Give your kid a safe word as part of their back to school kit. Revisit old safe words if you have them and remind everyone what the safety routine is. Now is a great time to check that proverbial seat belts are fastened.
Just about every parent of a school aged kid has been to the store by now to pick up school supplies. New clothes, pencils, maybe a reference guide or two. Going back to school is an exciting time!
It's also a time where you and your kids will be exposed to new people, new traffic flows, new activities, and new dangers. Changes in family routines can create confusion. Make sure no one can take advantage of that fact.
Have a family safe word. A safe word is a secret word that only you and your kids know. It's passed off to other trusted adults when necessary to communicate to the child that this adult can be trusted.
A good example: You drop your son or daughter off at school. They have soccer practice after school and you plan to pick him or her up once practice is done. Something comes up and you physically can't get to your kid. In a panic, you call someone you know who is close by. You ask them to go pick your kid up from soccer practice and take them back to their house until you can get to them. They agree.
Fast forward to the pick up. The person you trust pulls up in their car at that intended pick up point. Your son or daughter has no idea you aren't coming.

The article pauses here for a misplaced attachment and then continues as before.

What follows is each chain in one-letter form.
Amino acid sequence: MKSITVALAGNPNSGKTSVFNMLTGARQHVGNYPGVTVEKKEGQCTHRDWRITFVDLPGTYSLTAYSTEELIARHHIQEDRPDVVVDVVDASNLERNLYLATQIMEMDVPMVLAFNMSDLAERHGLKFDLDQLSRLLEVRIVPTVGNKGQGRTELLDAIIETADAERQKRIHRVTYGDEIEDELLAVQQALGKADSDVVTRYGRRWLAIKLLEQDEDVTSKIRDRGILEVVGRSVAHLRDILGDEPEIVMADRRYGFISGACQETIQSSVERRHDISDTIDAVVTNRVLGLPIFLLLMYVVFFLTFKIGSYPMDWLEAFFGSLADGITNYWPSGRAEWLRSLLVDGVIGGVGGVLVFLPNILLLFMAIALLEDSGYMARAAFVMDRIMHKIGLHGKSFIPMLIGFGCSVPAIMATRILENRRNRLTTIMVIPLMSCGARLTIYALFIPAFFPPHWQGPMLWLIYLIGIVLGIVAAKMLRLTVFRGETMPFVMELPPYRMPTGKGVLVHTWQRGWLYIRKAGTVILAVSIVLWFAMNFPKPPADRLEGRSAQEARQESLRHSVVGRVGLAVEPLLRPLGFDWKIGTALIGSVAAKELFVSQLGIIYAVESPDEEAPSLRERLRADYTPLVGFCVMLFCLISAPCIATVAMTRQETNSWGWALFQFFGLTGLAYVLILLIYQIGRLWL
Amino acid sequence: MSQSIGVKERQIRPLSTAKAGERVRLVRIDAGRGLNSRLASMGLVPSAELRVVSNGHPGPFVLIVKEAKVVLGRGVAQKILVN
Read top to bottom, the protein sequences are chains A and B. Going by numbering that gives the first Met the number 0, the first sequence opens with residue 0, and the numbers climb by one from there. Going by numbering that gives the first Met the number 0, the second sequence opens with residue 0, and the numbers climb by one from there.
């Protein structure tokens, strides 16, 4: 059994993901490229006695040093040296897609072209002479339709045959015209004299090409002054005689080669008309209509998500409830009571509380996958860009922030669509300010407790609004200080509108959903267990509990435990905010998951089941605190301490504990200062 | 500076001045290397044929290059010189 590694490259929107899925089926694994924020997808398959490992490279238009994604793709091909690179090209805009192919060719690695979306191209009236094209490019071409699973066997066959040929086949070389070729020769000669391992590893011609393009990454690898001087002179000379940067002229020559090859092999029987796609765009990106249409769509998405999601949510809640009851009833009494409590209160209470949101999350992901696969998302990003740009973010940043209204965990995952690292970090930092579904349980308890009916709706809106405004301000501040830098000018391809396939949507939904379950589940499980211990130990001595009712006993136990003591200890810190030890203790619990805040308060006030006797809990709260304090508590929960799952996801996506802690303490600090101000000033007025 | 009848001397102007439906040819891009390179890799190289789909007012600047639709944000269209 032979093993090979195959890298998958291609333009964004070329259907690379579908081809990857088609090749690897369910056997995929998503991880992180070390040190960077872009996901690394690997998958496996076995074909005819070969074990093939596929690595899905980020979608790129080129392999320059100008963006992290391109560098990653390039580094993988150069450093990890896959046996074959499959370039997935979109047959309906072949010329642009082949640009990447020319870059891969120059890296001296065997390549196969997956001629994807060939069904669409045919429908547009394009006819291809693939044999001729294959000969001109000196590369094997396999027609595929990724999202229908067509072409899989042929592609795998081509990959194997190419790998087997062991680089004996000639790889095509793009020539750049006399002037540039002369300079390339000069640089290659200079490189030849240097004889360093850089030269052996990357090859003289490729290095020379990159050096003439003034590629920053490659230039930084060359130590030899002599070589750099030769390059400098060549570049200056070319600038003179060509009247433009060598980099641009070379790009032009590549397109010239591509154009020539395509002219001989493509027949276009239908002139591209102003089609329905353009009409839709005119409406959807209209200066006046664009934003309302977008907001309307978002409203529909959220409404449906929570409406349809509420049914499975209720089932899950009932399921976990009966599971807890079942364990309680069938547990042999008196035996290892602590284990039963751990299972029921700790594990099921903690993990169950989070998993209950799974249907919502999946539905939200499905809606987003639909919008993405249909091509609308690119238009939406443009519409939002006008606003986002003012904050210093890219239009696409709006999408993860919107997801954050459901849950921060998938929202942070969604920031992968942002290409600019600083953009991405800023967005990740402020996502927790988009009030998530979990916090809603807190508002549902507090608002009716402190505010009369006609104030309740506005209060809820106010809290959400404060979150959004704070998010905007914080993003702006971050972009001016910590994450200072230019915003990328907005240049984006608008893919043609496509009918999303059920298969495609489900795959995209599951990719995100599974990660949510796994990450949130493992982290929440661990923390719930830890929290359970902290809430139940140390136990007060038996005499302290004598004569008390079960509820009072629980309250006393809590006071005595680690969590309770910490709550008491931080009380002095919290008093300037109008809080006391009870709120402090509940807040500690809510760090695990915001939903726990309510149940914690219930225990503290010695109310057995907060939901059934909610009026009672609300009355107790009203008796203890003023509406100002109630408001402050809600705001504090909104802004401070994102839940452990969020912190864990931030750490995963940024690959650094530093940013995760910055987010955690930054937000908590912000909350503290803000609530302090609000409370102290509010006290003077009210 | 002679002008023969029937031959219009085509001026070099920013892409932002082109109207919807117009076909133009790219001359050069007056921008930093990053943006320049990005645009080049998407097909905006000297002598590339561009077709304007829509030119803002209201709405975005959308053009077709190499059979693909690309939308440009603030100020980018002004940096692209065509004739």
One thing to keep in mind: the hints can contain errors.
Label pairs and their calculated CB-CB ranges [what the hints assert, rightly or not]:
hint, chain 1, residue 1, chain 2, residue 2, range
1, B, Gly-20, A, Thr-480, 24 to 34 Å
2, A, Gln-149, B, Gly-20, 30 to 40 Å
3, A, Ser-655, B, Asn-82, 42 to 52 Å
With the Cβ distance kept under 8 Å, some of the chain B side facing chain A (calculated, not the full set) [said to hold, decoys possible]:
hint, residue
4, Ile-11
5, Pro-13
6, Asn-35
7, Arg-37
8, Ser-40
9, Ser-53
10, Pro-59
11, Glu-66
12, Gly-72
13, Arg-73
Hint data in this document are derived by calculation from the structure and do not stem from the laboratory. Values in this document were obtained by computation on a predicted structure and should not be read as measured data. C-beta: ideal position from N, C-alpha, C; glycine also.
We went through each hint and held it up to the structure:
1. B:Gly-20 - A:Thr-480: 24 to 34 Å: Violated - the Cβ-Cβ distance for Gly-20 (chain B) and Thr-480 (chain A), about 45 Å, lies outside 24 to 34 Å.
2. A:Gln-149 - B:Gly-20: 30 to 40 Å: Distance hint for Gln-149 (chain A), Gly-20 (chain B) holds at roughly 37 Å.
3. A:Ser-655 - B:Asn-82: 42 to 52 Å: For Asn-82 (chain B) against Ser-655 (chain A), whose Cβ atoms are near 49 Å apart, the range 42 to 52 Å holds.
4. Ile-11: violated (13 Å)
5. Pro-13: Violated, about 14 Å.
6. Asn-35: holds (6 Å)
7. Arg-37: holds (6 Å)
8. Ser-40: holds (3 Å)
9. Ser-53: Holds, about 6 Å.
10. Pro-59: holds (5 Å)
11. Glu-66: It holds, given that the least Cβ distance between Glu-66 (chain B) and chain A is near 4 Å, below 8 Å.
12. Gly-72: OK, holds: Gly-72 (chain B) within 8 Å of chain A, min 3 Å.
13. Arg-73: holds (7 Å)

Hey <your kid's name>! Your Mom asked me to pick you up and take you home today. C'mon! Hop in!
That should make your cringe. If you've done you're job right, there is no way your child is going to get into that car. It doesn't matter if they recognize the face as a neighbor (all child molesters are somebody's neighbor). Your kid is going to go get another adult and report the fact that they've been approached... right?
Anyway, if you had a safe word, you would have passed that to your trusted adult. Your child should be taught to challenge an unknown adult (or an adult acting in an unfamiliar scenario like the one above) for the password. If the adult has no password, your child knows this is not good. If the adult has the password, your child knows that it's okay to get in the car. Make sense?
If you do implement this system, be sure to change the password once the family gets together again. In my family's world, each password gets one use. Show up with an old password and sorry, Charlie. My kid's going to the authorities.
Best of luck to you in the new school year!
If you have any other good ideas for keeping kids safe in the new year, please hit reply and share your idea below.